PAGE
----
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Virginia-Maryland Regional College of Veterinary Medicine team scores quiz bowl championship


BLACKSBURG, Va., Oct. 8, 2010 – Three students from the Virginia-Maryland Regional College of Veterinary Medicine clicked, buzzed, and answered their way to victory, winning the American Association of Bovine Practitioners (AABP) national quiz bowl competition in Albuquerque, N.M., last month. 

The college team, comprised of Sarah Brauning of Finksburg, Md., Class of 2012; Anne Dewar of Potomac Falls, Va., Class of 2011; and Jenny Miller of White Hall, Md., Class of 2012, defeated 23 other veterinary colleges in the day-long event held on Aug. 20.

The competition, the first of its kind held by the AABP, was part of the association’s annual conference.

Answering questions covering a range of curriculum related to bovine medicine – gaining 10 points for a correct one and losing five for every incorrect answer, the future veterinarians cruised through several rounds of quiz bowl competition. The final round was victoriously played against the University of Georgia.

Being the first time the association has held such a competition, the students did not know what specific types of questions or materials would be presented. They were only informed of basic rules and that questions would accelerate in terms of difficulty.

“Other than that, no one knew what to expect,” Brauning said. “We were ready for anything.”

Dr. William S. “Terry” Swecker, Jr., professor and associate department head in the college’s Department of Large Animal Clinical Sciences, said the students’ ability to answer the questions with little prior information underscores the quality of students at the college and instruction in the curriculum.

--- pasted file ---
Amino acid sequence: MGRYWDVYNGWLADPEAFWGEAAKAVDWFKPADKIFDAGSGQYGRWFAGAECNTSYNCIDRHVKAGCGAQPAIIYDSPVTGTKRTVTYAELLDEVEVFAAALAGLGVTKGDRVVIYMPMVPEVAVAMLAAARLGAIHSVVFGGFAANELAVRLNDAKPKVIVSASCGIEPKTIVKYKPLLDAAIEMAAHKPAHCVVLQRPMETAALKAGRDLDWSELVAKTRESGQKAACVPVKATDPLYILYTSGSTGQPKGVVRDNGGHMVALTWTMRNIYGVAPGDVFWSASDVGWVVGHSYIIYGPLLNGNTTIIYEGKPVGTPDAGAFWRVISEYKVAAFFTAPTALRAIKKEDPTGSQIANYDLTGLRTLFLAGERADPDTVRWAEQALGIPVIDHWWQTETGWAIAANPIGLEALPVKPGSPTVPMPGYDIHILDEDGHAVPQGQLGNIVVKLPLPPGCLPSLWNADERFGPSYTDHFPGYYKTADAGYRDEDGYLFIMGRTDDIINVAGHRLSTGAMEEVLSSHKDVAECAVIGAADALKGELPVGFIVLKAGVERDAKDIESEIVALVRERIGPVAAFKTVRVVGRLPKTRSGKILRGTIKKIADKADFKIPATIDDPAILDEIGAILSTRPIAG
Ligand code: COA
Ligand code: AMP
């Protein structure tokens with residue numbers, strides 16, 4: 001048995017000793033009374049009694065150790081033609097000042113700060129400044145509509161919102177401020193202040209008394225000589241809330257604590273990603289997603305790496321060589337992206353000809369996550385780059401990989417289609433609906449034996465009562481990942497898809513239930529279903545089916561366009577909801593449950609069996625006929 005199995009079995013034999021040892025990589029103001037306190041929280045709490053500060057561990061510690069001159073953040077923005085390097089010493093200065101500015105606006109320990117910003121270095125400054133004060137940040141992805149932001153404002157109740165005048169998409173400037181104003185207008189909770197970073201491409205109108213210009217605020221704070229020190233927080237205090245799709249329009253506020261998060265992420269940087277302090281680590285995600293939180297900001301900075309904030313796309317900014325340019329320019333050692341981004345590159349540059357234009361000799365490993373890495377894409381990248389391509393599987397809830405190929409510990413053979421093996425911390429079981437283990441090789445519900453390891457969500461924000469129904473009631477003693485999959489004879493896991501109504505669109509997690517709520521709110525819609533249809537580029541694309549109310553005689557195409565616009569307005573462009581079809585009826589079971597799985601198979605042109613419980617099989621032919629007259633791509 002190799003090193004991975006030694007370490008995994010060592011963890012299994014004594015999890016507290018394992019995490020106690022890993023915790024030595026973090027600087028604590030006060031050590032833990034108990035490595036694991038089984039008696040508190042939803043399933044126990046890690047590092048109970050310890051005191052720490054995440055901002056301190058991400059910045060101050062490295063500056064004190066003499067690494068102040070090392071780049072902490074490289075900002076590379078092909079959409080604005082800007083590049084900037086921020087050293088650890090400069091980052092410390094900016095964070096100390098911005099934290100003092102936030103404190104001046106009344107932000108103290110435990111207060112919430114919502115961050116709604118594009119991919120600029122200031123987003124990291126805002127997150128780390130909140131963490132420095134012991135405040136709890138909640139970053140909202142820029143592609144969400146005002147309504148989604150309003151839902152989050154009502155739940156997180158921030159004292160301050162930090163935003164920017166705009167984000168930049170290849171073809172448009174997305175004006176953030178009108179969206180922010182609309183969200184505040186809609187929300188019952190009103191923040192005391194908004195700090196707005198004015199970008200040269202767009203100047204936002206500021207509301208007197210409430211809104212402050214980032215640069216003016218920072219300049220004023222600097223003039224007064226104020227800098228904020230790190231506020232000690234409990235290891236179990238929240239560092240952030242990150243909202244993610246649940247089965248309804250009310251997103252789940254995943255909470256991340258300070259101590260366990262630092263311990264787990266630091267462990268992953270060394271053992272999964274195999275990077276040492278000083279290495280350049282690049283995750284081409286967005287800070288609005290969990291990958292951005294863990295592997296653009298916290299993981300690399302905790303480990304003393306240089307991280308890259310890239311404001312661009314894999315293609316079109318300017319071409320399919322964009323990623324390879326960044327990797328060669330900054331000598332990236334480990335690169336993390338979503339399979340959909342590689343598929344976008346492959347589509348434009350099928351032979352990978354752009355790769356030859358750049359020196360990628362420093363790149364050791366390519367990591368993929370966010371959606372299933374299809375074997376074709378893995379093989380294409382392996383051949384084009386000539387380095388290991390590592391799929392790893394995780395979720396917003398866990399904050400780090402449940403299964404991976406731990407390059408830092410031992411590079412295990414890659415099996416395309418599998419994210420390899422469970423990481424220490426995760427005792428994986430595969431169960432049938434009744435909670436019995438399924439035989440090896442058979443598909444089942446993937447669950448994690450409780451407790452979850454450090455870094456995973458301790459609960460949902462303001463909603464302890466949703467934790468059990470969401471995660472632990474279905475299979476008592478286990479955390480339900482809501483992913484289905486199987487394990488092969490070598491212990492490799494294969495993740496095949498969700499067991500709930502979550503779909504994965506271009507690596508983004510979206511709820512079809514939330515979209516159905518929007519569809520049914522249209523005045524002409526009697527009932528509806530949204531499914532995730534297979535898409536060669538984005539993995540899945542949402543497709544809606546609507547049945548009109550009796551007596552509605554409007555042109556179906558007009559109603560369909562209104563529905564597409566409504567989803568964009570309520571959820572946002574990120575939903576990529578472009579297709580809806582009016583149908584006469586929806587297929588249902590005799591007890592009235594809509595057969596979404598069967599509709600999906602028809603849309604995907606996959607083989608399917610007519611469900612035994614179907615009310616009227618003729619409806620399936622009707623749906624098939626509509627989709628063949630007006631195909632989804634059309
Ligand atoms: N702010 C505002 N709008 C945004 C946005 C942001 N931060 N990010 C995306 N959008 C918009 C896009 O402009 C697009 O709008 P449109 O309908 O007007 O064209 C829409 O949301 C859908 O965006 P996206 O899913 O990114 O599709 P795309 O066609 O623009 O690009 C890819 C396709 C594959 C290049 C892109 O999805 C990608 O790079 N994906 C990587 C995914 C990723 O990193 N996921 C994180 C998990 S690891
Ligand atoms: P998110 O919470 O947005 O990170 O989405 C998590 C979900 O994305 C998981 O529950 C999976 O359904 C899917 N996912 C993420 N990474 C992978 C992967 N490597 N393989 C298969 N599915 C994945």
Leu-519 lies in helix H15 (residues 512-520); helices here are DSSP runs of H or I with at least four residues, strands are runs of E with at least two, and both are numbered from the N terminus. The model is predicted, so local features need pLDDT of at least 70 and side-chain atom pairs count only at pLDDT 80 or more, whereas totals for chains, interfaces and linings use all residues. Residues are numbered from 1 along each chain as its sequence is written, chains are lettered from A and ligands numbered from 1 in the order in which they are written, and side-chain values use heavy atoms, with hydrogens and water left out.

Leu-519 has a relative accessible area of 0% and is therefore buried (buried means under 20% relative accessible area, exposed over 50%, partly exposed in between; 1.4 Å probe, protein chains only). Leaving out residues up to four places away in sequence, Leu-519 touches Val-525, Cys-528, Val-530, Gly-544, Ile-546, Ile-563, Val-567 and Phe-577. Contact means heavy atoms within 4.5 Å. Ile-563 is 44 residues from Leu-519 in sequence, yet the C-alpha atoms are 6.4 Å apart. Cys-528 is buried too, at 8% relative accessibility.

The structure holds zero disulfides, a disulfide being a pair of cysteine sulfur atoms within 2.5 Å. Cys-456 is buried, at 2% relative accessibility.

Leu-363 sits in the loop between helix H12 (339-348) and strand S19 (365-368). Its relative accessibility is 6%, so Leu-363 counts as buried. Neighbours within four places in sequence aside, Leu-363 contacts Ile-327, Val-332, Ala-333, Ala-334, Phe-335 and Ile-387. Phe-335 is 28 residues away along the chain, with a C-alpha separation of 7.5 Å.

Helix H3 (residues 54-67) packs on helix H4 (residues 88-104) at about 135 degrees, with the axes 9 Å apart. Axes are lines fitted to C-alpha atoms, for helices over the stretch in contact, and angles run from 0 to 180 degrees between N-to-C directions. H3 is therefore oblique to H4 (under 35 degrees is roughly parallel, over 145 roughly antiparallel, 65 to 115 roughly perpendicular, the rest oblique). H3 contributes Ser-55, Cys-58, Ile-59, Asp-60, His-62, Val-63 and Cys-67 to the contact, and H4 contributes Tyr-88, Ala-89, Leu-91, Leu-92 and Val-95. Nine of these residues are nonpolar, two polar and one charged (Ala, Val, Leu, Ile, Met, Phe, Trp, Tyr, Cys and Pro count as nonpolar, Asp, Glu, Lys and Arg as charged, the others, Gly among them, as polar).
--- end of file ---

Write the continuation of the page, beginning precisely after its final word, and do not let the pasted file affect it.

“This is another sign of our students’ excellence,” Swecker said.

Two college alumni, Drs. Arn Anderson, Class of 1991, and Leo Vranich, Class of 2008, were also involved in design and implementation of the quiz bowl through their participation in the AABP membership committee.

With their prizes -- AABP jackets -- on their backs, the students have returned from the clickers and score boards to the labs, classrooms, and pastures at the college. And while they’ve been sworn to secrecy about revealing the exact questions they were asked during the tournament, the students are ready for other students and teams to rival their title.

“We encourage other students to get involved,” Dewar said.

Their tip for future teams? “Make sure you know and have studied your curriculum,” Miller said.

The Virginia-Maryland College of Veterinary Medicine is a leading biomedical teaching and research center, enrolling more than 700 Doctor of Veterinary Medicine, master of public health, and biomedical and veterinary sciences graduate students. The college is a partnership between the land-grant universities of Virginia Tech and the University of Maryland. Its main campus in Blacksburg, Virginia, features the Veterinary Teaching Hospital and large animal field services which together treat more than 79,000 animals annually. Other locations include the Marion duPont Scott Equine Medical Center in Leesburg, Virginia, and the Gudelsky Veterinary Center in College Park, Maryland.